The group's campaigning and shelters are largely down to the energy of Mohammad herself. An architecture graduate from Baghdad University, she lived abroad for 10 years before the war, mostly in Toronto. There she met socialist feminists and decided to return to Iraq to campaign after the fall of the regime. She sold her house and left her husband and 17-year-old son behind in Canada.
"I became obsessed with the shelter. It had to be done," she says. Now, a year on, she is worried that many people's frustration at the failures of the occupation is being channeled into hard-line Islamic movements. "The liberation should happen through a civil and secular alternative."
She makes her case in an unrepentant way. The latest copy of her group’s newspaper, al-Musawat, or Equality, shows a photo of her burning a veil. "They should be afraid of us," she writes. She refuses to take part in the elections this Sunday, even though rules are in place to ensure that each party includes 25% women among its candidates. She argues that the overwhelming influence of the Islamists has unfairly tipped the balance and says her group would be unlikely to win a seat. Instead she will continue campaigning from outside government.
"There are thousands of secular people supporting me. With short, certain steps we will get somewhere," she says. "But it will take time."
From The Guardian Unlimited © Guardian January 24, 2005
Iran: Government denies reports it will allow women to run for president
The Islamic republic denied reports in the state-run media that it had decided to allow female candidates for the first time. Throughout a day, state-run radio and television carried reports quoting council spokesman Gholamhossein Elham as saying the council had changed its long-standing policy and allowed women to run. If they meet the age, nationality and other guidelines set for men, “women can also run for president,” the television quoted Elham as saying.
The question of whether women can run for president hinges on a long debated question over phrasing in the constitution, which says the president, must be elected from among political “rijal.” That Arabic word means literally “men” but can be interpreted simply as political personalities regardless of their gender.
Later, the state-run Islamic Republic News Agency carried a report saying Elham had rejected the statement attributed to him earlier. The agency report added that the Guardian Council believes the term “rijal” refers solely to men.
Iran: Afsaneh Nourozi Freed
An Iranian woman sentenced to death for killing a police official she said had tried to rape her has been pardoned by the victim's family. The family of Behzad Moghaddam agreed to accept compensation instead of seeking Afsaneh Norouzi's execution. Iran's Supreme Court overturned Mrs Norouzi's death sentence in July but she still faced a lower court's ruling. The mother of three, whose eight-year case prompted a human rights outcry, is freed now.
She and her family were visiting Mr Moghaddam, an intelligence/secret police officer on the holiday island of Kish in the Persian Gulf, in 1997 when her husband was called away. Mrs Norouzi said she had tried to defend herself with a knife when the officer attempted to rape her. A court in Kish eventually found her guilty of murder and condemned her to death - a sentence initially upheld by the Supreme Court last year. However, under pressure from women's rights activists worldwide, the head of the judiciary finally ordered a review before the Supreme Court, which in July quashed the death verdict.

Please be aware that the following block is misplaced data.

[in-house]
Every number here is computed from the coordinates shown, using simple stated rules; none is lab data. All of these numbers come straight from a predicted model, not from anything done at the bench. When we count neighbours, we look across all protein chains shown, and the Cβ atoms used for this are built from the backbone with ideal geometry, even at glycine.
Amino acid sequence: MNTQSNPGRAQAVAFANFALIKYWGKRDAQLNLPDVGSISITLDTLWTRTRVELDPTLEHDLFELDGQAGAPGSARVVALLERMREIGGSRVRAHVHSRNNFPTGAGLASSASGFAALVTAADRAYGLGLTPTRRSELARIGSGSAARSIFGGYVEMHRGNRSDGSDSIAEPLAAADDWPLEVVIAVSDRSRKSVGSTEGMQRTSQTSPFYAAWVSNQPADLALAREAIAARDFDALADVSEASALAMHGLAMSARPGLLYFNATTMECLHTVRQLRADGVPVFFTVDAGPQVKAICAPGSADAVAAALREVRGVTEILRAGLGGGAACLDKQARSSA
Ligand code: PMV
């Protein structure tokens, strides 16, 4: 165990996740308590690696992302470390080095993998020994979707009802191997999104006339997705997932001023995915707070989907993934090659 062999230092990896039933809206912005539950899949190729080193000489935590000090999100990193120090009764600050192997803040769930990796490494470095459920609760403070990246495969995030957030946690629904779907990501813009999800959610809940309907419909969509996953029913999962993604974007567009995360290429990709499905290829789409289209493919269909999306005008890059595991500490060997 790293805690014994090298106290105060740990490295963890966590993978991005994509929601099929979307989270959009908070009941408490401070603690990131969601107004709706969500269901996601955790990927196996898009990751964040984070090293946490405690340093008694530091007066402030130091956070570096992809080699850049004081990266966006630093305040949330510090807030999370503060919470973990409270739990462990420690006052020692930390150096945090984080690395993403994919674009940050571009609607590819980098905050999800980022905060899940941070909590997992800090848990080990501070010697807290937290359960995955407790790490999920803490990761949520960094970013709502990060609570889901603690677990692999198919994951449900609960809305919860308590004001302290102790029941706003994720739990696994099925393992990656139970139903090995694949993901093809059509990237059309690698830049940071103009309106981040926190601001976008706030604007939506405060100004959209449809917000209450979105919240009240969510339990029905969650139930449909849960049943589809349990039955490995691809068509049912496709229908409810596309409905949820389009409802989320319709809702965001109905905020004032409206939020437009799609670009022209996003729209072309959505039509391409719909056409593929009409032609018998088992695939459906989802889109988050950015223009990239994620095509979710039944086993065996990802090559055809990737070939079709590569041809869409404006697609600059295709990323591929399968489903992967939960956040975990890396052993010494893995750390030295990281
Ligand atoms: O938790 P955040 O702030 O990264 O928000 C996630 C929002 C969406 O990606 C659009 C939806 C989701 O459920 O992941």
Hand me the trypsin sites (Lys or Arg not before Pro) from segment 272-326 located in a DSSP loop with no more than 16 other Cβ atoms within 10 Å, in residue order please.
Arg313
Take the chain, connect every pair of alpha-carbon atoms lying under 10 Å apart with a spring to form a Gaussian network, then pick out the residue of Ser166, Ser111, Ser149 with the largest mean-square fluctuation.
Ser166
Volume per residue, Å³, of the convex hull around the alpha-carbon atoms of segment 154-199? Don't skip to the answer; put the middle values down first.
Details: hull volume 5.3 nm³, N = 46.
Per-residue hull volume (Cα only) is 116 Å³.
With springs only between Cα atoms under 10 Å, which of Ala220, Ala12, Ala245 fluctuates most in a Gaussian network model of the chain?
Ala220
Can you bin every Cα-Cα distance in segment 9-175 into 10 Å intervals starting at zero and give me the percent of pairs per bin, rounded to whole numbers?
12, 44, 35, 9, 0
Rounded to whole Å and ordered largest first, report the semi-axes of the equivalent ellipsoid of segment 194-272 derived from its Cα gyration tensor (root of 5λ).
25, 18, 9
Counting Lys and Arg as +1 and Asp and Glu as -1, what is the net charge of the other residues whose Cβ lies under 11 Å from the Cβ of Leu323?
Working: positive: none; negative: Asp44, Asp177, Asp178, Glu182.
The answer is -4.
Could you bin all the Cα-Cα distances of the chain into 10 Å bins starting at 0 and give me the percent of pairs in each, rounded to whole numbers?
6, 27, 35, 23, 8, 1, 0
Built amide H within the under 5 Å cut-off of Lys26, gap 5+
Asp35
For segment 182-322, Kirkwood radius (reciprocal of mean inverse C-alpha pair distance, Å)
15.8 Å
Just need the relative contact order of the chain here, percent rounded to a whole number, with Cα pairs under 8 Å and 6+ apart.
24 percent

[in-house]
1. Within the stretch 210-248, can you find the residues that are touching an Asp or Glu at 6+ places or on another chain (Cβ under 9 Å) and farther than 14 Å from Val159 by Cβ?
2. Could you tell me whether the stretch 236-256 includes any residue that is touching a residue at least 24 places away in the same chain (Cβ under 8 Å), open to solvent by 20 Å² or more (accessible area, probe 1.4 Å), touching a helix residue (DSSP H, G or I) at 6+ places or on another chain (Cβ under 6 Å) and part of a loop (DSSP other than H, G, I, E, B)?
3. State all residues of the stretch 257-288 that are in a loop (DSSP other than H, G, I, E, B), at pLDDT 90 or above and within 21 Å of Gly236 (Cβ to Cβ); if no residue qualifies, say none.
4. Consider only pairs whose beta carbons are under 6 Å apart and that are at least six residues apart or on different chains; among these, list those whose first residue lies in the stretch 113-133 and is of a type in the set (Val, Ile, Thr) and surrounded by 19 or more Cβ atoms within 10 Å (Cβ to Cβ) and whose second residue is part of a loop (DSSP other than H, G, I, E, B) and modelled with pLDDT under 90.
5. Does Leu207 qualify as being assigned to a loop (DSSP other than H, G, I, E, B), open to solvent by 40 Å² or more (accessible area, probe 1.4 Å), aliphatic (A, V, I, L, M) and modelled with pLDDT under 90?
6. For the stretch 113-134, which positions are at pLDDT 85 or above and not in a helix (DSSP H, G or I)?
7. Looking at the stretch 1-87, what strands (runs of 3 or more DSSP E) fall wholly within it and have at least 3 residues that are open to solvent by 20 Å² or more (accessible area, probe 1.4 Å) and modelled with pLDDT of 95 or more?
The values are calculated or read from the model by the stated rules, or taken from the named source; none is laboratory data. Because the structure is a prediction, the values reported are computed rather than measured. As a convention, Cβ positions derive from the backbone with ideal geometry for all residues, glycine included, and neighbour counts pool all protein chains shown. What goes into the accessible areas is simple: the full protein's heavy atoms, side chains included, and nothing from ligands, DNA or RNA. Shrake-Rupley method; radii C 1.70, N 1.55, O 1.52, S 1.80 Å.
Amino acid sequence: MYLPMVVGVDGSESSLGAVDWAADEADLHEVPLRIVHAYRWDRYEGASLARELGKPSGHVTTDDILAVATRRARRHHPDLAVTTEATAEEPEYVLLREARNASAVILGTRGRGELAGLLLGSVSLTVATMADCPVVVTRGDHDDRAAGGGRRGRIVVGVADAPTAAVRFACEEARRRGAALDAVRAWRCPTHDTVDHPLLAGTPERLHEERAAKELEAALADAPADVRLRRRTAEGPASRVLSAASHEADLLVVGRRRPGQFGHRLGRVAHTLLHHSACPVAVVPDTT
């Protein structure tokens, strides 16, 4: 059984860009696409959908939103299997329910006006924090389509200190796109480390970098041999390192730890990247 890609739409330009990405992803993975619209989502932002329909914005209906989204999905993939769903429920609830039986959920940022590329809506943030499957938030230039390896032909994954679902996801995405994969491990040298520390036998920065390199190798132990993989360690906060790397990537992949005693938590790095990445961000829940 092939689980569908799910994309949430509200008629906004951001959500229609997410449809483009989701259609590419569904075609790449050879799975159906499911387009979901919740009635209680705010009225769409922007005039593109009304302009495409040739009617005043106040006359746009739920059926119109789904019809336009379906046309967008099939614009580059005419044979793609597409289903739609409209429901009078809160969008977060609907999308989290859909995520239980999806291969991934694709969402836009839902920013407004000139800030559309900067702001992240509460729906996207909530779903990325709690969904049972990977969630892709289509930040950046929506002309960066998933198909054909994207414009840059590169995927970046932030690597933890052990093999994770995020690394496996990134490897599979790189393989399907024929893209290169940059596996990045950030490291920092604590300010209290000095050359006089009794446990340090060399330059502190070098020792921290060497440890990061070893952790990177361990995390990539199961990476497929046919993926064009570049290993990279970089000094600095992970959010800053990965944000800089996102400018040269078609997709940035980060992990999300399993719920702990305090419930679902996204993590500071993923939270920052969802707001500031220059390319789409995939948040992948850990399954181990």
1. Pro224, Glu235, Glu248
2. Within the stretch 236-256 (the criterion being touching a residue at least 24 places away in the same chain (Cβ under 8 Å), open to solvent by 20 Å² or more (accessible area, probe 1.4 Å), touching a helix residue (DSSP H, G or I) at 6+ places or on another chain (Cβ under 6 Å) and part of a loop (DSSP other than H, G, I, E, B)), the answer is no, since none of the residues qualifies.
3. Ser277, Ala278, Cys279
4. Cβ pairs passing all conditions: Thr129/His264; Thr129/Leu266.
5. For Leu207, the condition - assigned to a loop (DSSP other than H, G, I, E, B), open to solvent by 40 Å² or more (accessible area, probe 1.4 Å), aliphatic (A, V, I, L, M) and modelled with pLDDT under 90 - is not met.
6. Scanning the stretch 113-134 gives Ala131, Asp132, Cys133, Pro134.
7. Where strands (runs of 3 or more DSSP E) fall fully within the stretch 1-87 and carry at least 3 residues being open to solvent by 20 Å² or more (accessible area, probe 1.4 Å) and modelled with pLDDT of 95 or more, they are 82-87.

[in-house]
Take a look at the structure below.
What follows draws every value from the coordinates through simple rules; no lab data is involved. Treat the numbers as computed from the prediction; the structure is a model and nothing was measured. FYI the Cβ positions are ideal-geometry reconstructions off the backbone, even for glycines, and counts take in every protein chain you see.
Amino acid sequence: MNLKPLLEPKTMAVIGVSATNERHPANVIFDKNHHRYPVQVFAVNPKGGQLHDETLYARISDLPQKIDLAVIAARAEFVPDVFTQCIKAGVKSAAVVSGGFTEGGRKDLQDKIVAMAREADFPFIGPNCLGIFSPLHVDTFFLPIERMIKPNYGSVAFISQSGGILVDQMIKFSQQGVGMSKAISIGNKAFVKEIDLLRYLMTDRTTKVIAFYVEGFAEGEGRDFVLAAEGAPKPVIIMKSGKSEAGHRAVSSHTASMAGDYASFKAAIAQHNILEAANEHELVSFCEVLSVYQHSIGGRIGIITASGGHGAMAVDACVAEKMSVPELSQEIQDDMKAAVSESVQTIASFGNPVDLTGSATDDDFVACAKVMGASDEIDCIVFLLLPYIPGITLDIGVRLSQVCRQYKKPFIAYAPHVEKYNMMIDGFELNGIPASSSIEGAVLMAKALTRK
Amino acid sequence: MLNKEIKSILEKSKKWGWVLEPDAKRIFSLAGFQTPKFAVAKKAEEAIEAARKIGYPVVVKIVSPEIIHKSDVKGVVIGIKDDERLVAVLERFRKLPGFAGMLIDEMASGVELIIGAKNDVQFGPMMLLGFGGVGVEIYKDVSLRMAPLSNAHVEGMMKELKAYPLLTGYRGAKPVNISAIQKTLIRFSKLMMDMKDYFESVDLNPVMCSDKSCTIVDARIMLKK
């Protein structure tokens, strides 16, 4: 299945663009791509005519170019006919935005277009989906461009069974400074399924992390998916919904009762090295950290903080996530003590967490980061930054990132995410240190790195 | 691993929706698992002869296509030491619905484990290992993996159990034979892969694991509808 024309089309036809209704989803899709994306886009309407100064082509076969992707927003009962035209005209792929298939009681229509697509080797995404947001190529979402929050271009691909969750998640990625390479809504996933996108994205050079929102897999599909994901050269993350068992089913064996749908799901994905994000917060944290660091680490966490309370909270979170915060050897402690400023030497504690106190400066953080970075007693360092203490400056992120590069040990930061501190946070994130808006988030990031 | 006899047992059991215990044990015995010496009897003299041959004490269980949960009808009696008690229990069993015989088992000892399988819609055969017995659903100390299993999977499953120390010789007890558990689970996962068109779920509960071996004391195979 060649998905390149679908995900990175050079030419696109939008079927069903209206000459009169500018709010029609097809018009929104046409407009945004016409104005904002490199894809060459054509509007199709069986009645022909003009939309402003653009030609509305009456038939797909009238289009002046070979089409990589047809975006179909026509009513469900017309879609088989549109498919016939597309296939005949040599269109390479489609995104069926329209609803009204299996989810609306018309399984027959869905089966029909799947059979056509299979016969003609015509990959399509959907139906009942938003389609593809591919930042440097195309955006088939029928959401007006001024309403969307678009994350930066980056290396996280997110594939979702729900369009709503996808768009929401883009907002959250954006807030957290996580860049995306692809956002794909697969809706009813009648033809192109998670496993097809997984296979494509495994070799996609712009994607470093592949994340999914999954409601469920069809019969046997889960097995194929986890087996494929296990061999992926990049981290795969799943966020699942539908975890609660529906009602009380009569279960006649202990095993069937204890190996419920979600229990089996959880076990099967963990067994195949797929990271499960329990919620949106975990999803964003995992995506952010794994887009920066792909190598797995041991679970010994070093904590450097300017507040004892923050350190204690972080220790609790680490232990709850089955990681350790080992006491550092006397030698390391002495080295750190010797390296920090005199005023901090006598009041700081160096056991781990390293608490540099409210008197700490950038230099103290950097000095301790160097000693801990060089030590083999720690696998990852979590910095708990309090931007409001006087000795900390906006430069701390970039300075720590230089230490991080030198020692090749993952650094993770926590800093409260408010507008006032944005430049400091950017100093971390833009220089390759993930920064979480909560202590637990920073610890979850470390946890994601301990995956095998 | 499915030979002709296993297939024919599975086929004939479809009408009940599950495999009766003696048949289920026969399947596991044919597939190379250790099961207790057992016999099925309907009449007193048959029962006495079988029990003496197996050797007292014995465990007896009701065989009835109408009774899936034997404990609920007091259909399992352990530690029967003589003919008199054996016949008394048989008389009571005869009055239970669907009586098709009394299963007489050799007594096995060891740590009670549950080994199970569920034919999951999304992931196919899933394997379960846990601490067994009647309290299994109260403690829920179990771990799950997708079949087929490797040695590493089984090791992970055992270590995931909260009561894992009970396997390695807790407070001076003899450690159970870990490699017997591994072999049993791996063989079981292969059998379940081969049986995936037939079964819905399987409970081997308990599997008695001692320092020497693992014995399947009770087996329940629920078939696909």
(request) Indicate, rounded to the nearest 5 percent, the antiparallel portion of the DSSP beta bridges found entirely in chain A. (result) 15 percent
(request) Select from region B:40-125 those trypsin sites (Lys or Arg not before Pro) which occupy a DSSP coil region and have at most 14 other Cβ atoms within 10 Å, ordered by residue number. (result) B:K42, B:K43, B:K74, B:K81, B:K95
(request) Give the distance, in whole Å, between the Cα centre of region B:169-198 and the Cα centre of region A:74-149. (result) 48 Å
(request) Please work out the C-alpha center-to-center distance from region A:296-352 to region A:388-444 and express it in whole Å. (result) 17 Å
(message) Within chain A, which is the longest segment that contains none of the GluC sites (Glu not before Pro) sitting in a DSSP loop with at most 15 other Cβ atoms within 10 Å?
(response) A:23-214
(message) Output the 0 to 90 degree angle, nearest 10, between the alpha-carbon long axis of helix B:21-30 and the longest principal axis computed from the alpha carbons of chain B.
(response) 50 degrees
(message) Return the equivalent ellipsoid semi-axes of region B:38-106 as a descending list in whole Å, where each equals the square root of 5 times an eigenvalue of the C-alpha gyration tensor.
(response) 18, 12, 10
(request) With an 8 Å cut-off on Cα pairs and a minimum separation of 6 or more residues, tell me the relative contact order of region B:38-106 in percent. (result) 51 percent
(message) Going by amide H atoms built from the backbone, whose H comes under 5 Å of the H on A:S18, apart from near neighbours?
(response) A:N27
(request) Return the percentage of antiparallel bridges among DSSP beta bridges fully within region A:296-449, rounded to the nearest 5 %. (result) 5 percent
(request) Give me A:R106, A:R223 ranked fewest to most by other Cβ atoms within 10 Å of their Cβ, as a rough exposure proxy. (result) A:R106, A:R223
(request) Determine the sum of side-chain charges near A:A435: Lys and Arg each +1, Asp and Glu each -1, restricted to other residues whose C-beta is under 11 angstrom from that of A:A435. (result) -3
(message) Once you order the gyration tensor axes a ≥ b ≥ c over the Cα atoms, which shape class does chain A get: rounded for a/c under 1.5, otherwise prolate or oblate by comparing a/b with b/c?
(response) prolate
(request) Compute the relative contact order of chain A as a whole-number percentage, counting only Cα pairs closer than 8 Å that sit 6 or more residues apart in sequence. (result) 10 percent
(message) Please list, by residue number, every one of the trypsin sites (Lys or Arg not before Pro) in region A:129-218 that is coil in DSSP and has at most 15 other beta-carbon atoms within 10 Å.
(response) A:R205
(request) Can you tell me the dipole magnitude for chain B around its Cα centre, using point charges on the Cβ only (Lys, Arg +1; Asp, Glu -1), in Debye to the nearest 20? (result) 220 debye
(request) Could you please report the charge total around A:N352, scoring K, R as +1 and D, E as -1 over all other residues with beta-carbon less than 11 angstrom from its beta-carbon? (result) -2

According to the Sharia, a married woman who is raped risks the death penalty for adultery if she cannot prove she was violated. If she kills her attacker, she may also face the death sentence for murder.
Egypt: Broad lines of Nawal El Saadawi's program for presidential election
The aim she wishes to attain in presenting herself as a candidate for the presidency, is not to become President. The constitution of Egypt has been formulated in such a way as to make it impossible to be a candidate unless he or she obtains two thirds of the parliamentary vote before taking this step.
Instead her aim is to play a role in strengthening the movement of people aimed at achieving a real democratic change in the present system. Her electoral program is founded on broad based intellectual; political economic and cultural themes and can be summarized under the following points :
1 - The educational system should be founded on free discussion, on breaking down the barriers and destroying the shackles which surround the mind, on a continuous encouragement of creative work in every field. It should seek to link the different streams of thought, to connect the private with the public to develop a capacity for understanding the reality of society, its problems and how to solve them. It should aim at bridging the gap between fields of knowledge, restore the connection between art and science, between law, the social sciences, history, philosophy, medicine and literature, between internal and international affairs, between the local and the global .
The creation of critical free thought is the basis of progress in the sciences, in the arts and in all areas of life .
2 - The ideological outlook of the ruling system must be changed to become decentralized and collective n its essence, and undergo continued renewal. It should not be based on a pyramidal, rigid structuring with an individual leader, enthroned at the top, a leader who is never wrong, and cannot be brought to account, he is almost sacred .
With greater power there should be greater accountability and not the opposite. The aw of immunity should be abolished so that all authorities including the highest are held responsible for their actions and are subjected to supervision and democratic control, whether it be the head of state, or the head of Al Azhar or a minister, or a member of parliament, or the president of an institution or any other responsible person .